Each year, thousands of campers lose food and equipment to persistent bears, raccoons, ground squirrels and other animals.
enjoy communing with nature.
you go camping, chances are, you and critters are soon going to
cross paths. Most every area is going to have its share of skunks,
possums, and raccoons,
parks and other campsites are alive with wildlife, from birds to
bears to chipmunks to snakes to fish.
important to remember that wild animals are not zoo or domesticated animals.
feed wildlife when you're camping.
best thing to avoid critter encounters is to set up your campsite so
that's it's not quite so attractive to the "beasties".
Raccoons, Ground Squirrels and Skunks
most wild animals are afraid of people, some of them may still
approach our campsites.
leave food in your tent.
Never leave other smellies (deodorant, tooth paste, shampoo, etc.) in your tent (especially in bear country).
Never leave food and smellies in a zipped pack, jacket, duffel bag, etc. Hungry animals will literally chew holes in your nice equipment to get to the food.
creatures of the night are out to steal your food and cause general
dismay at your campsite.
Store food inside your car
plastic or metal ice chest will protect foodstuffs from ravaging
raccoons and ground squirrels, but there is no acceptable portable
container that will reliably discourage bears. Ground squirrels and
raccoons have very sharp teeth and will bore right through a fabric packsack.
Raccoons can open twist lids!
if your camping excursions are going to be limited to established
campgrounds there are some things you need to know.
first rule is
first thing this ensures if you are camping in regions with bears is
that if a bear does wander onto your site it will be much less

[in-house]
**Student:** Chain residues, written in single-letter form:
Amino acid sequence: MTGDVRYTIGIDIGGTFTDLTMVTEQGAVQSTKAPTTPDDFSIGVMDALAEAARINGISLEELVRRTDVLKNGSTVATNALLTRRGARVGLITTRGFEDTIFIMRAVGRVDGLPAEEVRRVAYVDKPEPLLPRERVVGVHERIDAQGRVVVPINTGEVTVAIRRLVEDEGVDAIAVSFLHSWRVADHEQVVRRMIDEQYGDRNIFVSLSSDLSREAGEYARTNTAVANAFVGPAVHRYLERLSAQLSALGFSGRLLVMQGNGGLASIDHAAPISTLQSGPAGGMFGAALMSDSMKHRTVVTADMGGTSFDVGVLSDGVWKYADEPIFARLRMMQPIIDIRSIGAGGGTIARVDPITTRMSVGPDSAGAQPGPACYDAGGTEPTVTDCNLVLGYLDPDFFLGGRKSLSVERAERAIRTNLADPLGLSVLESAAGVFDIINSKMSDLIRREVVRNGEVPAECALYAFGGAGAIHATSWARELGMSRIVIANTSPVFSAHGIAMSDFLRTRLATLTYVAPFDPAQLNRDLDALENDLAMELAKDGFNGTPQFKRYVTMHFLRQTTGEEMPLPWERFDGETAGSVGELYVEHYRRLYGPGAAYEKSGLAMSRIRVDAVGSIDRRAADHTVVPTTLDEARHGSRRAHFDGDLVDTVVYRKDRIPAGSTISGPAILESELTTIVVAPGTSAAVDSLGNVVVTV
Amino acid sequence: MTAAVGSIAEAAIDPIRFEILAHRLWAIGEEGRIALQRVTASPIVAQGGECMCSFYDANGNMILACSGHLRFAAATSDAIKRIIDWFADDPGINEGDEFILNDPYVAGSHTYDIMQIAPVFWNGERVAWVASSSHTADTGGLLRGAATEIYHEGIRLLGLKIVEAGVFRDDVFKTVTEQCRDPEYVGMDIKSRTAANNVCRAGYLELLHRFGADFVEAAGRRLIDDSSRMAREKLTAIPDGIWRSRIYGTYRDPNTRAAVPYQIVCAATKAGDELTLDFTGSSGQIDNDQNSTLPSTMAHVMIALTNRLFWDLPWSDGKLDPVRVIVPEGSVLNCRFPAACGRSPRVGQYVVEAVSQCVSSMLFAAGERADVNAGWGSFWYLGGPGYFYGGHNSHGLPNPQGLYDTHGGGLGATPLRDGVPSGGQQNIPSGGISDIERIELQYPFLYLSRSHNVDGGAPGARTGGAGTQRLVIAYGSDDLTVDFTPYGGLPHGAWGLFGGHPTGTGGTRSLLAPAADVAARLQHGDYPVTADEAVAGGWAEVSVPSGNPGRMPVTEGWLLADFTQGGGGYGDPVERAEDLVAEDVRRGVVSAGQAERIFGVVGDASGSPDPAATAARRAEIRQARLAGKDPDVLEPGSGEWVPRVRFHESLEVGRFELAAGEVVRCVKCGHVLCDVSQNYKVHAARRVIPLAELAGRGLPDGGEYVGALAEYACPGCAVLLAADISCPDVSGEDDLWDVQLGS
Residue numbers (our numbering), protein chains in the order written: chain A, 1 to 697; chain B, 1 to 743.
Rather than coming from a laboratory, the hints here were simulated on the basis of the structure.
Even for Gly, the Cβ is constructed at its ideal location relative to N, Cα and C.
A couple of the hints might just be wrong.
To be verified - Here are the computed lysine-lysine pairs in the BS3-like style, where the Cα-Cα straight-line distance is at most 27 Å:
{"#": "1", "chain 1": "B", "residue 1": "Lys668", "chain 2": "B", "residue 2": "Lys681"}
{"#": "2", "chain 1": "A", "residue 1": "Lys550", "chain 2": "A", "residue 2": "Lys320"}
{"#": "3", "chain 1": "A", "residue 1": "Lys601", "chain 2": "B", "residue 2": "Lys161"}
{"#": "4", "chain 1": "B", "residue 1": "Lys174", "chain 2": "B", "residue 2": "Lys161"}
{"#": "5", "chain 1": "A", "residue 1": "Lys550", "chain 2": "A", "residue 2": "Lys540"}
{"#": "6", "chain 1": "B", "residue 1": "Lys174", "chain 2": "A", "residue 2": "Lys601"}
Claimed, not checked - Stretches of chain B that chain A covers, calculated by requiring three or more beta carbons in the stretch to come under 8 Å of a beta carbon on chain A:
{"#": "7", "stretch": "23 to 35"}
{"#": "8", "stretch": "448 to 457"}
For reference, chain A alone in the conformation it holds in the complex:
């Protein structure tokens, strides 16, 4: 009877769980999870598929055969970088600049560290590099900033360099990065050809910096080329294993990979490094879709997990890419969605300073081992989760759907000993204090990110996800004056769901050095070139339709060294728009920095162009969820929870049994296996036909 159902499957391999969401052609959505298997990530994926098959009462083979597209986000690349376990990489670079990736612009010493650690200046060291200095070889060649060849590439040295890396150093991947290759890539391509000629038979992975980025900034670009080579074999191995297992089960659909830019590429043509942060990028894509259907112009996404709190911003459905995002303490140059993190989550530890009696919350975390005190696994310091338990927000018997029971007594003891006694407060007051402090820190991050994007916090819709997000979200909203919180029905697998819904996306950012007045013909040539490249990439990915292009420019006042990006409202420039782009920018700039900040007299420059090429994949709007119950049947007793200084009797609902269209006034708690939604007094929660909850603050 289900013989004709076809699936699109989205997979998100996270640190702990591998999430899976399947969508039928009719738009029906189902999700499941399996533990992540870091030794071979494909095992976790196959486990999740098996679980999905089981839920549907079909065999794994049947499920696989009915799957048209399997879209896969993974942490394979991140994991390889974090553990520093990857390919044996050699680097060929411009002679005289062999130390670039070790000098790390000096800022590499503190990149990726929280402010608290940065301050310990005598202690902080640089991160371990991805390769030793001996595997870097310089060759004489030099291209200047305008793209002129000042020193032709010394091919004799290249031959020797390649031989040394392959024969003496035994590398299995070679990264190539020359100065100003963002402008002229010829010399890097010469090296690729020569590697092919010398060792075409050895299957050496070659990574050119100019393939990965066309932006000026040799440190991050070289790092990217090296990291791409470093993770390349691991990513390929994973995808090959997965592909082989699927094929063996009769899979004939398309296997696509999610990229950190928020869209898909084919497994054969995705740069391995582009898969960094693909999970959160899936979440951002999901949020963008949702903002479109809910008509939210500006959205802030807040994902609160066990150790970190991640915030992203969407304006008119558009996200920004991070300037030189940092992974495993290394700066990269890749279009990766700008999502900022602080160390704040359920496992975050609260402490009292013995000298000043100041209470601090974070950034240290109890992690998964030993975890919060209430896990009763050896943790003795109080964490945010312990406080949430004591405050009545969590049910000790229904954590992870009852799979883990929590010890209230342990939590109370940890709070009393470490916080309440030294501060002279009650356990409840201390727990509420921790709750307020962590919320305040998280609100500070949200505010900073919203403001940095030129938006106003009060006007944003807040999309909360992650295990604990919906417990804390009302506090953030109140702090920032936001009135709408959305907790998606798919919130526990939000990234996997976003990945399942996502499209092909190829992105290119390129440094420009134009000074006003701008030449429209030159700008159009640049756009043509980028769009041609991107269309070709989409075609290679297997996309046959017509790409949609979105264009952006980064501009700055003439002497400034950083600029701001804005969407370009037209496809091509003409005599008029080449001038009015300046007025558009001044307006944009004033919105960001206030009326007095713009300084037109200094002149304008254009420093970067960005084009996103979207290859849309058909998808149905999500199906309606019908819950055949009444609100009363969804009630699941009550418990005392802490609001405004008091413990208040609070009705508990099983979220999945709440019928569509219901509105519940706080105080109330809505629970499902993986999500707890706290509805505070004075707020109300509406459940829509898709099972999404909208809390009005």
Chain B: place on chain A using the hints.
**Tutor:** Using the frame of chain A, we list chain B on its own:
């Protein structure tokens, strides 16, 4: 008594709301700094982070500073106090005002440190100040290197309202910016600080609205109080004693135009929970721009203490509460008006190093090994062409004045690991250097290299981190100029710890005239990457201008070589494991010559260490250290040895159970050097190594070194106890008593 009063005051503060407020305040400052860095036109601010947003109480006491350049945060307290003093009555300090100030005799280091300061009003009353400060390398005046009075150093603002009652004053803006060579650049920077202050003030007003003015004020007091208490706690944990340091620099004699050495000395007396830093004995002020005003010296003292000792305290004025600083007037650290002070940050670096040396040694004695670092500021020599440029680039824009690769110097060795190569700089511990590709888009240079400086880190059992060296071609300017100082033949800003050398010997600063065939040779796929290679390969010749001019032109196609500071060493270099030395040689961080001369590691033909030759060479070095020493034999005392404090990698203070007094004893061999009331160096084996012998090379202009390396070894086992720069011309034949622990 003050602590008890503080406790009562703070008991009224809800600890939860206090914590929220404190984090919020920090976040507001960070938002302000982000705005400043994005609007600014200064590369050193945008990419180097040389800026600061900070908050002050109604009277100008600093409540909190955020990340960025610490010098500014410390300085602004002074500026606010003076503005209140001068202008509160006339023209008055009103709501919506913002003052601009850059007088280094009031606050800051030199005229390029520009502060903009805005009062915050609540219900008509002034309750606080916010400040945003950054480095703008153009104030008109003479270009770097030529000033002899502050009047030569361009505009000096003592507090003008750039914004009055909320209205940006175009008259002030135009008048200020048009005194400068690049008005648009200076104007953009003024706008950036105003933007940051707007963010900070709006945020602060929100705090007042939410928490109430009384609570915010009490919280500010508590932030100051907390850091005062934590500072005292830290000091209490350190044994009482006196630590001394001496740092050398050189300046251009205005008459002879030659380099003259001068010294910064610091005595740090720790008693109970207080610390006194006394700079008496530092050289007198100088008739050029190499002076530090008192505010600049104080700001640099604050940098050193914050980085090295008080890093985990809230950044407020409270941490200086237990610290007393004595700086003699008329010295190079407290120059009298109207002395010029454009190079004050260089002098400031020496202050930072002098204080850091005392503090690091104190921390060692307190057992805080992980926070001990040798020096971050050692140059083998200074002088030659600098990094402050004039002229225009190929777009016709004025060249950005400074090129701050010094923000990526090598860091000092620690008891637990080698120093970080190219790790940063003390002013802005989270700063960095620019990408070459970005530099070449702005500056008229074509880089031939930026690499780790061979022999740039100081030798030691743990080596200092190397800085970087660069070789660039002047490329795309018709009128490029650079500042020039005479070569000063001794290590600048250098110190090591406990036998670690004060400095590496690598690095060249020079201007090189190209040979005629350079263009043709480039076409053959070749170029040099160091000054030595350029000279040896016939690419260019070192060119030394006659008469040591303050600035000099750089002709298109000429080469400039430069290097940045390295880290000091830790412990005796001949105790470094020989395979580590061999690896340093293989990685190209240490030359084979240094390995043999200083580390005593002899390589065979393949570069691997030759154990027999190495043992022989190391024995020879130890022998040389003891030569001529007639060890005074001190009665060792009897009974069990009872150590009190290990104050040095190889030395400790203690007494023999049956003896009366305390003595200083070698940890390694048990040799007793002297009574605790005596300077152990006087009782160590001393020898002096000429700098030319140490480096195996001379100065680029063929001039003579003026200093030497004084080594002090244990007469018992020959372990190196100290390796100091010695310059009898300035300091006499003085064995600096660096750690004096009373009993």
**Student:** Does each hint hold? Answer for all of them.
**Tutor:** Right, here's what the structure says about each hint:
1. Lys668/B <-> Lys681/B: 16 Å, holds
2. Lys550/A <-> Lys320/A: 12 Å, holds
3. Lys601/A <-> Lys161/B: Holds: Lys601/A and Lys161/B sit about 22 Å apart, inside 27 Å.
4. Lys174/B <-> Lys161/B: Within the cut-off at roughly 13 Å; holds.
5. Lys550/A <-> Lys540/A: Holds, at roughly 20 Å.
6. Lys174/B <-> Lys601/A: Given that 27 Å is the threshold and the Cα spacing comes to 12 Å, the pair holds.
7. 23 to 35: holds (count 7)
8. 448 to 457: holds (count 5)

interested in your tent, or it's contents.
you have to determine your level of risk. If you're conservative
it's simple, all the food goes into the vehicle at night. Generally
your biggest risk will be raccoons. If your food is in totes make
sure they are tied securely closed with a bungee cord. This method is
not foolproof, trust me. It is a lot of fun to wake up in the middle
of the night and watch the raccoon flailing at the bungee cord. When
you fall asleep it will quietly open the tote and have a field day.
Different types of breads are very popular. However, onion bagels
were not a big hit.
When you get ready to turn in make sure you don't forget any munchies you had out on the table or by the fire. All it takes is one marshmallow that fell off a stick or out of the bag, peanut shell, one Cheeto, etc to fall on the ground. If you do forget to get your edibles packed away you may find yourself stumbling out of your tent to defend your Pringles, peanuts and marshmallows. Some of these campground varmints are quite comfortable around humans and may be perfectly happy to sit and wait you out while you try to scare him away without awakening all of your neighbors.
you use aluminum foil on a grill?
the end of your camping escapade . . .